Blow back, blow out and a lot of hot air around state-funded insurance plans

Since state-funded insurance plans are a big money maker for the insurance industry and a deep money pit for the states, it will be interesting to see how this trouble in paradise plays out.

Louisiana Citizens Property Insurance Corp., the state’s insurer of last resort, should be abolished, the Commission on Streamlining Government said Tuesday. Our friend Jim Brown was there.

Brown called Louisiana Citizens Property Insurance “the biggest financial disaster in history. “If the old system had been in place, you and I wouldn’t be paying off a $1.5 billion bond issue” that bailed out Louisiana Citizens Property Insurance”.

What a blow back!  Meanwhile in neighboring Texas, the general manager of the the Texas Windstorm Insurance Association had a blow out: Continue reading “Blow back, blow out and a lot of hot air around state-funded insurance plans”

And the beat does go on, as in the beat down of the taxpayers and the NFIP by shady insurers

As the Houston Chronicle illustrated in their 1st anniversary of Ike coverage, not only do the taxpayers get stuck with the wind claims insurers dump on the NFIP they also get stuck for the bill for the living expenses these all perils contracts should cover but never do. As a between the lines reader stated in an email:

What this article leaves unstated is that these lengthy disputes over causation ultimately cost federal taxpayers billions of dollars unnecessarily. The federal government pays for trailers, housing vouchers, subsidized loans, tax deductions, grants, and other benefits to assist displaced residents who are engaged in legal disputes with their insurers or who have unintentional gaps in their coverage despite buying all that was recommended by their insurance agents. Meanwhile, because of the delay in the housing recovery, the federal government subsidizes local governments, schools, hospitals, and businesses for extended periods of time until the local tax and consumer base can be restored.

Gang does any of this sound familiar? One key difference is without expedited claims Texas homeowners are having to go after both the NFIP and their wind insurer to be made whole on the coverage they were sold that in theory should fully cover their losses but rarely does without having to sue.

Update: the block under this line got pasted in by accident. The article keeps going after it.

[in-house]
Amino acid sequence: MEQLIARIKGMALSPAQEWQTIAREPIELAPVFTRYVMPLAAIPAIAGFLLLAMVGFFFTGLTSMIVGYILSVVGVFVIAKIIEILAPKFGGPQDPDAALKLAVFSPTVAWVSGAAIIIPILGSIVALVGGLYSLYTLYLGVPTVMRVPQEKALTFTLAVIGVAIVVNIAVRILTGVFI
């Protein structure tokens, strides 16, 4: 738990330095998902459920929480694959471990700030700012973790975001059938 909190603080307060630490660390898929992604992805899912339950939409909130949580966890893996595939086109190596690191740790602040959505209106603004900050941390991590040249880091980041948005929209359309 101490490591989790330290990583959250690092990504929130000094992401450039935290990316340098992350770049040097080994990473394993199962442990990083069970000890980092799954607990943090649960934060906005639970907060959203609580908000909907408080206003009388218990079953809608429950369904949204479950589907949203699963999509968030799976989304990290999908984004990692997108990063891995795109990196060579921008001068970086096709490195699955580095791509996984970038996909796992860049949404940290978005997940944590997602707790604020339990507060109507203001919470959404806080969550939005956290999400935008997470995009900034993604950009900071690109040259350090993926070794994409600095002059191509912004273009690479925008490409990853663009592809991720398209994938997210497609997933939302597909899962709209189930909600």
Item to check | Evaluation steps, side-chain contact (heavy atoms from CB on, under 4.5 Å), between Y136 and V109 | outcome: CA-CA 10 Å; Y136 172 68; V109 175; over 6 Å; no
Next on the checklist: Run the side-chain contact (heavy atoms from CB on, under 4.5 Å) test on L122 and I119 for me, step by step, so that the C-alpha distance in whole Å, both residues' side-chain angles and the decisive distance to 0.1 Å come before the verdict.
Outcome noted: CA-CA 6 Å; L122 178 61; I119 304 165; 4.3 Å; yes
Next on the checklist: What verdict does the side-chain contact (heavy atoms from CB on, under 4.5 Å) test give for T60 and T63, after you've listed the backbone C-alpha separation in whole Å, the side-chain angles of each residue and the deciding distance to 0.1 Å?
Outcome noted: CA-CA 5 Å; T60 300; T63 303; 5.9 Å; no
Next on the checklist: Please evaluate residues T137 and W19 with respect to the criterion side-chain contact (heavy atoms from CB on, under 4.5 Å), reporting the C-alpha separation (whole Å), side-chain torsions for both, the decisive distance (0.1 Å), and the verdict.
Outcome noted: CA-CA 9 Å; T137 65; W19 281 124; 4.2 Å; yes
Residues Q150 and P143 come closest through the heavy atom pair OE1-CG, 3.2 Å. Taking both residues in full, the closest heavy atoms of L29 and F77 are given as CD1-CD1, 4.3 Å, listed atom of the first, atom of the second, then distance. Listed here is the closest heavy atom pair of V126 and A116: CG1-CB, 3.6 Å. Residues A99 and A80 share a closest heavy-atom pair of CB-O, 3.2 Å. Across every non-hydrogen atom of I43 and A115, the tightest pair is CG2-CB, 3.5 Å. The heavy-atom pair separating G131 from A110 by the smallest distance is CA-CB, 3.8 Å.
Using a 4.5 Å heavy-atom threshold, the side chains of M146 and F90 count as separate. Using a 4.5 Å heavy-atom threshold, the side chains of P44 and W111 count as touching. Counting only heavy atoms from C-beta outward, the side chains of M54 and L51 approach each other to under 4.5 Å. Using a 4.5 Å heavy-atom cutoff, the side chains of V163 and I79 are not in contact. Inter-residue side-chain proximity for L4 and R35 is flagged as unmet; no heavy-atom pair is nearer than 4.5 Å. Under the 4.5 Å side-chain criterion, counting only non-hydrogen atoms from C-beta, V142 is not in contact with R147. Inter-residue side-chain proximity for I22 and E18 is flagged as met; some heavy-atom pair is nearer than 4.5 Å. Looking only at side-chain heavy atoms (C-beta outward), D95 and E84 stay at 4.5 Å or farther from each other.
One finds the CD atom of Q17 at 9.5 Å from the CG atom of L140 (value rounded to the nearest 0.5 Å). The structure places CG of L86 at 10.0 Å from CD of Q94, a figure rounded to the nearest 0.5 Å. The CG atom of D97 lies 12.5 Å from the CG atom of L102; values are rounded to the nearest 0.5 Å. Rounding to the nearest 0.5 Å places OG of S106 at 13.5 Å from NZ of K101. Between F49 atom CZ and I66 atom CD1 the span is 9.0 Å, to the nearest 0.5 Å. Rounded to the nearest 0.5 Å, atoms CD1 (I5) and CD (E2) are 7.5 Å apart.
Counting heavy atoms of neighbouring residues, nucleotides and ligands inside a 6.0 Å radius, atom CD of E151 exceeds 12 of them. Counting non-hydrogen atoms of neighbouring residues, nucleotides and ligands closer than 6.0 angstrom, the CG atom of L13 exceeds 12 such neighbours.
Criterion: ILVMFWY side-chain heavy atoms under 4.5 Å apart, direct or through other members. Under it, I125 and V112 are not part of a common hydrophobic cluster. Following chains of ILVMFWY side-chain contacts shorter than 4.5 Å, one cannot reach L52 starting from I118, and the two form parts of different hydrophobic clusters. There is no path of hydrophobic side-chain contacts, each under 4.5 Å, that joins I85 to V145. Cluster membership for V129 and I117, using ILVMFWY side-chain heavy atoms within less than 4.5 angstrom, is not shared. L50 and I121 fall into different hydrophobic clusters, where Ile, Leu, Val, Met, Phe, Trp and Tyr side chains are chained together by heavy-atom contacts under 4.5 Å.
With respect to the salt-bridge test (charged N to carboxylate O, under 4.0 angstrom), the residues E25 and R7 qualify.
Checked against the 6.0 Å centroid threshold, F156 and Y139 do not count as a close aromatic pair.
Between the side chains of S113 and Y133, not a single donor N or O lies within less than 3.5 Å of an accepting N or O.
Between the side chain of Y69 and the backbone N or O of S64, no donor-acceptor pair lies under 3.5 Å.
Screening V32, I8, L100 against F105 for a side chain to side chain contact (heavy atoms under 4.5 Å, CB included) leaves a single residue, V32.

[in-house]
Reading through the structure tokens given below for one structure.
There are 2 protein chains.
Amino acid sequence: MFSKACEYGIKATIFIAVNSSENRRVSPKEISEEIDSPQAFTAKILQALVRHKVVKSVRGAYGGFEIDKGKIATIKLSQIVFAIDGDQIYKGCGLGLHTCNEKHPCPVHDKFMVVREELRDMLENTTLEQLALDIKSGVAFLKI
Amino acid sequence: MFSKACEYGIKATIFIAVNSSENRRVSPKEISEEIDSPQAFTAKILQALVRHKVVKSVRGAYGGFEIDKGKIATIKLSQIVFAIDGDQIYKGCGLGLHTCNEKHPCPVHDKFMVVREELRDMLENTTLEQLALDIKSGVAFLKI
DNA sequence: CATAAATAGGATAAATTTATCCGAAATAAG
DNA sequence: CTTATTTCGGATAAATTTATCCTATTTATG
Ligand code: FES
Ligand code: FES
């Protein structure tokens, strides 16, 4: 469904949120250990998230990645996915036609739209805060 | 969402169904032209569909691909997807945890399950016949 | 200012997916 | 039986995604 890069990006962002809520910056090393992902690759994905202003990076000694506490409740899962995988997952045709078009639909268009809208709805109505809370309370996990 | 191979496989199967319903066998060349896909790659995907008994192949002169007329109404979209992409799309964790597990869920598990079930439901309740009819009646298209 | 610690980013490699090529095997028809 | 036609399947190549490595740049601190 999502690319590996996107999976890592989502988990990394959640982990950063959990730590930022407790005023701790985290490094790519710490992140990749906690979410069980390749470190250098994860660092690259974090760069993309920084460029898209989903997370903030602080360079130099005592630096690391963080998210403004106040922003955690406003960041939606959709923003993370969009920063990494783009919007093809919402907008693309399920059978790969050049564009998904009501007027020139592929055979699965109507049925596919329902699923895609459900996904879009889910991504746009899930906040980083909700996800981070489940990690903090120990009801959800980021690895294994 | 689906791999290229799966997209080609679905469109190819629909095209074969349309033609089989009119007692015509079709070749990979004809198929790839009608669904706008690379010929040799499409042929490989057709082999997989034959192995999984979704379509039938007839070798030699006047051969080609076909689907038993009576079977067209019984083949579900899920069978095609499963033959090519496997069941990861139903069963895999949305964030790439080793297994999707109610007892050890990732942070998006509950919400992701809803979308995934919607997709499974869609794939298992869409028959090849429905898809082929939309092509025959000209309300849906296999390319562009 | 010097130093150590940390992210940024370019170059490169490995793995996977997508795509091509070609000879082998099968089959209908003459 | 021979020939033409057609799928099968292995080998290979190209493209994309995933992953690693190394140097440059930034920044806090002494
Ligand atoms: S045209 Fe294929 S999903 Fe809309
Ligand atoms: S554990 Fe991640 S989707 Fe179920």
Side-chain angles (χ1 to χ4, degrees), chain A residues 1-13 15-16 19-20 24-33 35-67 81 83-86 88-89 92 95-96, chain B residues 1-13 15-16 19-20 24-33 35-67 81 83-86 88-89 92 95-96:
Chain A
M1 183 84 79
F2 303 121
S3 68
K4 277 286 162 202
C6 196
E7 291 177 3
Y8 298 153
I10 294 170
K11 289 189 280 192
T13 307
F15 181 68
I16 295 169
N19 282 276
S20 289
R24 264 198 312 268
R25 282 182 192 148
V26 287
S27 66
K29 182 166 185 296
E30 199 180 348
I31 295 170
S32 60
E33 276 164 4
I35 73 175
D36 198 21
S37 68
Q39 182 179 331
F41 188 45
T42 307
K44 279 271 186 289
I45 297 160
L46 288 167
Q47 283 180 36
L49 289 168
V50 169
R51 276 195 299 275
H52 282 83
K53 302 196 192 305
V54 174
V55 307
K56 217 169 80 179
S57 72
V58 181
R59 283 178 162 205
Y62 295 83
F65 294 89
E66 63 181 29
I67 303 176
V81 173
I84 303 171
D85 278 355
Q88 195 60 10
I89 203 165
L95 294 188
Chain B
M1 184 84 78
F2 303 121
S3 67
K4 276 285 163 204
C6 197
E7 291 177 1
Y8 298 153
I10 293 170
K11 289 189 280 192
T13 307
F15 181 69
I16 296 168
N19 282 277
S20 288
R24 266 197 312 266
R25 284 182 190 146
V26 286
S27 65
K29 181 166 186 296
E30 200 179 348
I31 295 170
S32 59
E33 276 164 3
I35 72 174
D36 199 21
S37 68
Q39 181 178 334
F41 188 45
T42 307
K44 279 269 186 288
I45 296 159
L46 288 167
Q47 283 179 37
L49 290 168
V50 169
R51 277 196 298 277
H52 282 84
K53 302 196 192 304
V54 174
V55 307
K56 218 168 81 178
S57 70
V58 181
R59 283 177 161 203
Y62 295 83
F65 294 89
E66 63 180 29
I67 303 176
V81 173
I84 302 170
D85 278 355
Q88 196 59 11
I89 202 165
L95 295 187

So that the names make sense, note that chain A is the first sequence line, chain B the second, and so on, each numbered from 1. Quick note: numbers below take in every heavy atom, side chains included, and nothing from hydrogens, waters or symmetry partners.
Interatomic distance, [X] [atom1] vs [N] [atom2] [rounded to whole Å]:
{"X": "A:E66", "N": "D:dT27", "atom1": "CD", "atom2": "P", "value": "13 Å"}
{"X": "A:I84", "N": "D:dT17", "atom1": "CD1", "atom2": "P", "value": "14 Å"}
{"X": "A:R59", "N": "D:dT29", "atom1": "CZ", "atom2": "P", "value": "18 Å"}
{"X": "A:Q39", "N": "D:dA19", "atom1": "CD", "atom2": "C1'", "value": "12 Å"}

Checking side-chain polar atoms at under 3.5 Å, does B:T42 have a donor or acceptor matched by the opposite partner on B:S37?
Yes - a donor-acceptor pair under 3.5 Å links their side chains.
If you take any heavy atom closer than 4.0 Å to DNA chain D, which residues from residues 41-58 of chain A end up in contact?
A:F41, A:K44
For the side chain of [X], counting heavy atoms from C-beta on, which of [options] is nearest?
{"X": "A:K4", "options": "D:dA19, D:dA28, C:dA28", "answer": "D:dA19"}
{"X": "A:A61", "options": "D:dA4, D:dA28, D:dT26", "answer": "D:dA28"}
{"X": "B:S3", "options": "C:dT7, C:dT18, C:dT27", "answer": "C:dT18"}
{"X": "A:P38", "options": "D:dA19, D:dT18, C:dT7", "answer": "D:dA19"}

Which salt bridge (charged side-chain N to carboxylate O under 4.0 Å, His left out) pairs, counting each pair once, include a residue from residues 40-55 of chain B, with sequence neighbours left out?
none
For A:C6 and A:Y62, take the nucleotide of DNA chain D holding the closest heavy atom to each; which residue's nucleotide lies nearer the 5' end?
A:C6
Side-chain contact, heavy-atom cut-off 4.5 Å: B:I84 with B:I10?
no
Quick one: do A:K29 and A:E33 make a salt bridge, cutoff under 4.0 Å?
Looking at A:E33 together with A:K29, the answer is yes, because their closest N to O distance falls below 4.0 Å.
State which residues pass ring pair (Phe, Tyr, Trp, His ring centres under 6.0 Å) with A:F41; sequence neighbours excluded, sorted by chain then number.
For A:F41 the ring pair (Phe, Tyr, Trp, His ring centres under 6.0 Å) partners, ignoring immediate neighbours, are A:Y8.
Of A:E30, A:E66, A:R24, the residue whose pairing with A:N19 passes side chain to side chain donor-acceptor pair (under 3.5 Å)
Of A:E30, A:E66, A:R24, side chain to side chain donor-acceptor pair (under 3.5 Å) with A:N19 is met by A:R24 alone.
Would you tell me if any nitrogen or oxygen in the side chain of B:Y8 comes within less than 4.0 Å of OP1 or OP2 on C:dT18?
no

Life in a trailer in his driveway is a daily reminder of Hurricane Ike for Michael Amoroso.

After waiting months for a response from the National Flood Insurance Program, he was declined a bigger payment that he had hoped to use to rebuild.

For Amoroso and other homeowners like him, the storm did more than damage their property. The unrepaired houses and pending insurance claims are a daily test of their will.

“For months they didn’t even return my phone calls or e-mails,” said Amoroso, who plans to sue for more funds. “I am so fed up.” Continue reading “And the beat does go on, as in the beat down of the taxpayers and the NFIP by shady insurers”

Merlin blows cover off roof damage in Texas

My wish is that somebody is going to read this Blog, call or write TWIA, and let them know that they need to write all their policyholders to alert them that the memo is wrong. However, my guess is that they will hire an attorney, and try to defend or explain the memo. (Chip Merlin)

I must admit to having similar thoughts about posts on SLABBED when I see a case lost for lack of information readily available to a non-lawyer researching the issue.  Frankly, I hold out virtually no hope of any insurer ever admitting to and correcting an error.  The field appears to be dominated by leaders who view themselves as Mr. Always Right.  Eager to shake the label “bureaucrat”, leadership of publicly funded windpools and other “last resort” options quickly forget such programs exist because of a related failure in the insurance industry and eagerly become “one of the boys” – a lapse that IMO is resulting in an overpopulation of these Mr. Rights commiting every possible wrong.

Merlin’s wish would be my command if I had such power; but, alas, I have only the power to join him in wishing  for a good outcome from his effort and, in the absence of a magic wand,  cross-post  The TWIA Roof Damage Memo: Checking Basic References to Resolve Adjustment Questions that contains a link to his equally excellent Internal Texas Windstorm Roofing Claims Memo Explains Damage is Not Covered.

The post from this morning, Internal Texas Windstorm Roofing Claims Memo Explains Damage is Not Covered, raised a number of interesting methods to research this coverage issue. Many risk managers and public adjusters will simply call me to get a quick opinion regarding many day to day coverage issues. I thought it might be interesting to see what adjusters may have in their basic training materials to answer the questions raised in the memo. I have no idea if the TWIA claims executives looked at any reference materials. I hope they authored the claims memo in ignorance, because the opposite poses a different set of problems. Continue reading “Merlin blows cover off roof damage in Texas”